Silas Casey
[[Image:150px|center|200px|border]]Silas Casey
Personal Information
Born: July 12, 1807(1807-07-12)
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Died: January 22, 1882 (aged 74)
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Other Information
Allegiance: United States of America
Union
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Branch: Union Army
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Rank: Brigadier General
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Battles: American Civil War
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Silas Casey (July 12, 1807 – January 22, 1882) was a career United States Army officer who rose to the rank of Major General during the American Civil War.

Biography[edit | edit source]

Born in East Greenwich, Rhode Island he graduated from the United States Military Academy in 1826 (39th out of 41).

He fought in the Second Seminole War under William J. Worth from 1837-1842. During the Mexican-American War he fought at the Battle of Contreras and Battle of Churubusco, and was brevetted major on August 20, 1847 for gallant conduct. He then fought in the Battle of Molino del Rey and was severely wounded during the Battle of Chapultepec on September 13, 1847.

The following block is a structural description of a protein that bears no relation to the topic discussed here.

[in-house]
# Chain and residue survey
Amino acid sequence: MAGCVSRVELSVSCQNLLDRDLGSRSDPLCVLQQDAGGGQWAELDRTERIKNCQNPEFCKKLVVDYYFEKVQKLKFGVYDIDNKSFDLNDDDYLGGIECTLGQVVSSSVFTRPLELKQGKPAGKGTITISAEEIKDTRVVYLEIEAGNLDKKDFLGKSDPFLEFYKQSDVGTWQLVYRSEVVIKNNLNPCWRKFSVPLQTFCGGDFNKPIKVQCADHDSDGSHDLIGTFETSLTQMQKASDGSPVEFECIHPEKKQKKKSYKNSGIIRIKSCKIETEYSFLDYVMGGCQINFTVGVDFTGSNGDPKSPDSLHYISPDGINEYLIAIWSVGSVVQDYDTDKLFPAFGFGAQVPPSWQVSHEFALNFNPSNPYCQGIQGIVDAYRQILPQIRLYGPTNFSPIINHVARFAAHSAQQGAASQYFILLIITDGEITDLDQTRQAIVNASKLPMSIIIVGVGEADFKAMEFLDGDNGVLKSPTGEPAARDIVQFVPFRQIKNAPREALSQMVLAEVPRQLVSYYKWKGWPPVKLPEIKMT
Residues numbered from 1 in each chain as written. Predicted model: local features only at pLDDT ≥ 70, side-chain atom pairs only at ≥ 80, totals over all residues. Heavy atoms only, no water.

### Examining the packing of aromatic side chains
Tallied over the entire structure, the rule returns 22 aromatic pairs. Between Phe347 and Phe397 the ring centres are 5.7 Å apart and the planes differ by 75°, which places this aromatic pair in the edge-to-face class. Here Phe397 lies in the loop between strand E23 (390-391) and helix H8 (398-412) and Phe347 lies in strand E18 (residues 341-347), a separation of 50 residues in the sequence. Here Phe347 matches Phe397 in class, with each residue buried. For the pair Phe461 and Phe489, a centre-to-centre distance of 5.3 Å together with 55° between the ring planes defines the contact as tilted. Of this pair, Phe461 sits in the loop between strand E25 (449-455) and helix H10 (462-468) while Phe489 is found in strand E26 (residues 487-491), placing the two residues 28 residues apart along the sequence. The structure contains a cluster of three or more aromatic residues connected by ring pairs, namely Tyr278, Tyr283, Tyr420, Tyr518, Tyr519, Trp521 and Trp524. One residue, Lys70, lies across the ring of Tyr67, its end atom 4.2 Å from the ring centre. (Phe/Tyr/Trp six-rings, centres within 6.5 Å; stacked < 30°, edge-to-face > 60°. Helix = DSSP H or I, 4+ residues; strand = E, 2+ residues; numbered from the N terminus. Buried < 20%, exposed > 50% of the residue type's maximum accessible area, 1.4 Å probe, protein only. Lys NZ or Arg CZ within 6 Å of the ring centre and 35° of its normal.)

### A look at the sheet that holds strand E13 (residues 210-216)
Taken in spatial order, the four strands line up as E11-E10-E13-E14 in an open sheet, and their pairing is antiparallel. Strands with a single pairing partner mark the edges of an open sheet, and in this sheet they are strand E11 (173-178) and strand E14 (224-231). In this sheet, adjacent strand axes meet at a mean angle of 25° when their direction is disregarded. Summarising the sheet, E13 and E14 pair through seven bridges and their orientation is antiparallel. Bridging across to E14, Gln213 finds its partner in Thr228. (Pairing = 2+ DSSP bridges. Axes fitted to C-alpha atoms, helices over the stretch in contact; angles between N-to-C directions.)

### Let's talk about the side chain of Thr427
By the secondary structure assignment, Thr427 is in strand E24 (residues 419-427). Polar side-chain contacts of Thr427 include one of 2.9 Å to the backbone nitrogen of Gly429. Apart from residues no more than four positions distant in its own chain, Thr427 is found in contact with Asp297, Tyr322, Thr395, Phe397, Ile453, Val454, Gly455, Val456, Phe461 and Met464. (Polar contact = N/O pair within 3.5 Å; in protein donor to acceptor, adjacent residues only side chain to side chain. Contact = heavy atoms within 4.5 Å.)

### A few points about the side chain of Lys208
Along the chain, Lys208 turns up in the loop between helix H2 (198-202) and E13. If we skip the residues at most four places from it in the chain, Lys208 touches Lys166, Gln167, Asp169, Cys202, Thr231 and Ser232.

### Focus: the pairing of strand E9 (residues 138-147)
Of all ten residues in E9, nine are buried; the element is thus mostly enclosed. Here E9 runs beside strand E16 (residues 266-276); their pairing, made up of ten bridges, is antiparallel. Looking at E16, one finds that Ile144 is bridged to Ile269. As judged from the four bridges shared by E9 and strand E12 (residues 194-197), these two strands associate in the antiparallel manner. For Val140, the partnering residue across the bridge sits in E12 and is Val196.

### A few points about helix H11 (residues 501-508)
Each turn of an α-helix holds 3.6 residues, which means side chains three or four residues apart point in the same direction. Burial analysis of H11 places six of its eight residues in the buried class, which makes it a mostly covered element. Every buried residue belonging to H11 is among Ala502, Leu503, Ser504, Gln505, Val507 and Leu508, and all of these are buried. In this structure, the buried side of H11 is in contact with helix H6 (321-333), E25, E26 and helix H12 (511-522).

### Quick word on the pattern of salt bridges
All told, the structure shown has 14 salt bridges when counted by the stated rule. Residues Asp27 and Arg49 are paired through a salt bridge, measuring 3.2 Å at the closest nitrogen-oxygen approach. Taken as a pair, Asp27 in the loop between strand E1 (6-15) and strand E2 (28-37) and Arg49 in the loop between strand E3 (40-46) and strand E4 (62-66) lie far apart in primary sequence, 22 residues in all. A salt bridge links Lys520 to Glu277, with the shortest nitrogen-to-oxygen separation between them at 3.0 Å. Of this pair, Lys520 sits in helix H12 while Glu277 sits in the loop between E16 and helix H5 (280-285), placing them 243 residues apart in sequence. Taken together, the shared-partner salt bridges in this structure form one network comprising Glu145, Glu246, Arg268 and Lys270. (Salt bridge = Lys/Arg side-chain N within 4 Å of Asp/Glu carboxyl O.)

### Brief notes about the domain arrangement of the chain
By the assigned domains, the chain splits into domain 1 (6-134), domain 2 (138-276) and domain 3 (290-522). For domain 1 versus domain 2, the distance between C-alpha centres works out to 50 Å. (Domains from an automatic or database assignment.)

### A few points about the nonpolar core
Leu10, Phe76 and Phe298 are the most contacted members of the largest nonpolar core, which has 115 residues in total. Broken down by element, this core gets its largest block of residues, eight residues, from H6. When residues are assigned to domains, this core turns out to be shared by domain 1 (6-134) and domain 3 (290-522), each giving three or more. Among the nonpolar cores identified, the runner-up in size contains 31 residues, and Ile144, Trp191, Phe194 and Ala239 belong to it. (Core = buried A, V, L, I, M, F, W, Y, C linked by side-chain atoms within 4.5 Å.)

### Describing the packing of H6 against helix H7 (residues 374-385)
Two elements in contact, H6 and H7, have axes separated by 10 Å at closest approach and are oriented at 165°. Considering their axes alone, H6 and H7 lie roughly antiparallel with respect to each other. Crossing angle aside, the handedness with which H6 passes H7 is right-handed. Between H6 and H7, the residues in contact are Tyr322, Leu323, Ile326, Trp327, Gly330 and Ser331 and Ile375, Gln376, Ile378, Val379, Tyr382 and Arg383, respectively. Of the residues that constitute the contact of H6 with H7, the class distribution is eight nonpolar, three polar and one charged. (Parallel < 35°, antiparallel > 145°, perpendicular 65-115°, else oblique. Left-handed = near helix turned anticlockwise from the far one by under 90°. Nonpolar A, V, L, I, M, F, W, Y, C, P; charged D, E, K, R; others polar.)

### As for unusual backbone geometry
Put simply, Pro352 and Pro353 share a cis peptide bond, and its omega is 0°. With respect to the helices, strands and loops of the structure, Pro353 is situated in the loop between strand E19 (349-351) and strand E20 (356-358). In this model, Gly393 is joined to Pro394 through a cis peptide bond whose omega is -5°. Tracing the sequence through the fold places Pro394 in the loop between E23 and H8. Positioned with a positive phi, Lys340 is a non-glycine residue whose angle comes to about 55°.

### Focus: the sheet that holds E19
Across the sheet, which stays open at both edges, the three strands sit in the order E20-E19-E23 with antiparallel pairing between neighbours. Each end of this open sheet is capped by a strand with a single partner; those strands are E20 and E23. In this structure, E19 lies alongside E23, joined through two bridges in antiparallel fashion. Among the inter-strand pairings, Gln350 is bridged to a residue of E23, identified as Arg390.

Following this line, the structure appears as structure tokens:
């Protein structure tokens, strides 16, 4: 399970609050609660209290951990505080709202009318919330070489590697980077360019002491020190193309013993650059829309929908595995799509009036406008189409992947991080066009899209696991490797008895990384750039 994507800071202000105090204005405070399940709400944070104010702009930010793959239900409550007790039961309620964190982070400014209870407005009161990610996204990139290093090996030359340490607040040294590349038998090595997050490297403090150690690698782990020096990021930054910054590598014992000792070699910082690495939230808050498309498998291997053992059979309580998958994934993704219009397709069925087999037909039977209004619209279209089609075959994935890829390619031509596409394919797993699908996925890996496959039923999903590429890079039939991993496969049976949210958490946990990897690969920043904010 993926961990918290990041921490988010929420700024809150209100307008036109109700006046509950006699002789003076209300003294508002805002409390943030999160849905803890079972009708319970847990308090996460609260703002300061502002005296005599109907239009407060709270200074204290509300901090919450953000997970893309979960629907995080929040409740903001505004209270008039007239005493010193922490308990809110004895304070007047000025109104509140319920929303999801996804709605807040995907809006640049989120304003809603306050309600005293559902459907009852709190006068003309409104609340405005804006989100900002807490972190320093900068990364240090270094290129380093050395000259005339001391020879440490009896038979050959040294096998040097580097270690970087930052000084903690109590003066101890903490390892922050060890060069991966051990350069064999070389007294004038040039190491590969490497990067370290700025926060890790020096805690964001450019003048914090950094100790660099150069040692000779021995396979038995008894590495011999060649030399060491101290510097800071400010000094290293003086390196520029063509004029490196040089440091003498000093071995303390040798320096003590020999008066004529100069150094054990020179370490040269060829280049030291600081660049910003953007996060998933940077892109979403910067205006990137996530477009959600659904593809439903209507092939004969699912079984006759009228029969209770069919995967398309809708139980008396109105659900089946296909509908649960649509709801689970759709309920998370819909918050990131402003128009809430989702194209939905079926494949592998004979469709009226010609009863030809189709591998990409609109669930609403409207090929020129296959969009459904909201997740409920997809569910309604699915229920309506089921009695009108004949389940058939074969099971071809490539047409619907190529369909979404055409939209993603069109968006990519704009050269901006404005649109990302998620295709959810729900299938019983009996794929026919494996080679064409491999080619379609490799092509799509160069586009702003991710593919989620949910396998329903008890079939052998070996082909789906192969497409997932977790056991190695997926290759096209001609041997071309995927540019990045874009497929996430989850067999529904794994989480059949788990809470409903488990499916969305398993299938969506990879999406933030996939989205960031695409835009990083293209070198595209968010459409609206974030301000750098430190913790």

After the Mexican-American war he performed frontier duties and escorted topographical parties, including a trip to California around Cape Horn in 1849. He commanded at Camp Picket during the Pig War on San Juan Island from August 10 to October 18, 1859.

He was promoted to brigadier general shortly after arriving on the East Coast in 1861. During the American Civil War he fought in the Peninsula Campaign, where his division suffered heavy losses at Battle of Seven Pines on May 31, 1862, facing George Pickett’s brigade.

He wrote the three-volume System of Infantry Tactics, including Infantry Tactics volumes I and II, published by the army on August 11, 1862, and Infantry Tactics for Colored Troops, published on March 9, 1863. The manuals were used by both sides during the Civil War.

In December 1862 he was appointed to the board that ultimately convicted Maj. Gen. Fitz John Porter of disobedience and cowardice for his actions at the Second Battle of Bull Run.

Casey retired from the army on July 8, 1868, having served over 40 years of active duty. He died in Brooklyn, New York, and is buried at the Casey farm in North Kingstown, Rhode Island.

Casey's sons included Silas Casey III, who served as Rear Admiral of the Pacific Squadron, and Thomas Lincoln Casey, who served as Chief of Engineers, and Edward Wanton Casey, army Lieutenant.

See also[edit | edit source]

References[edit | edit source]

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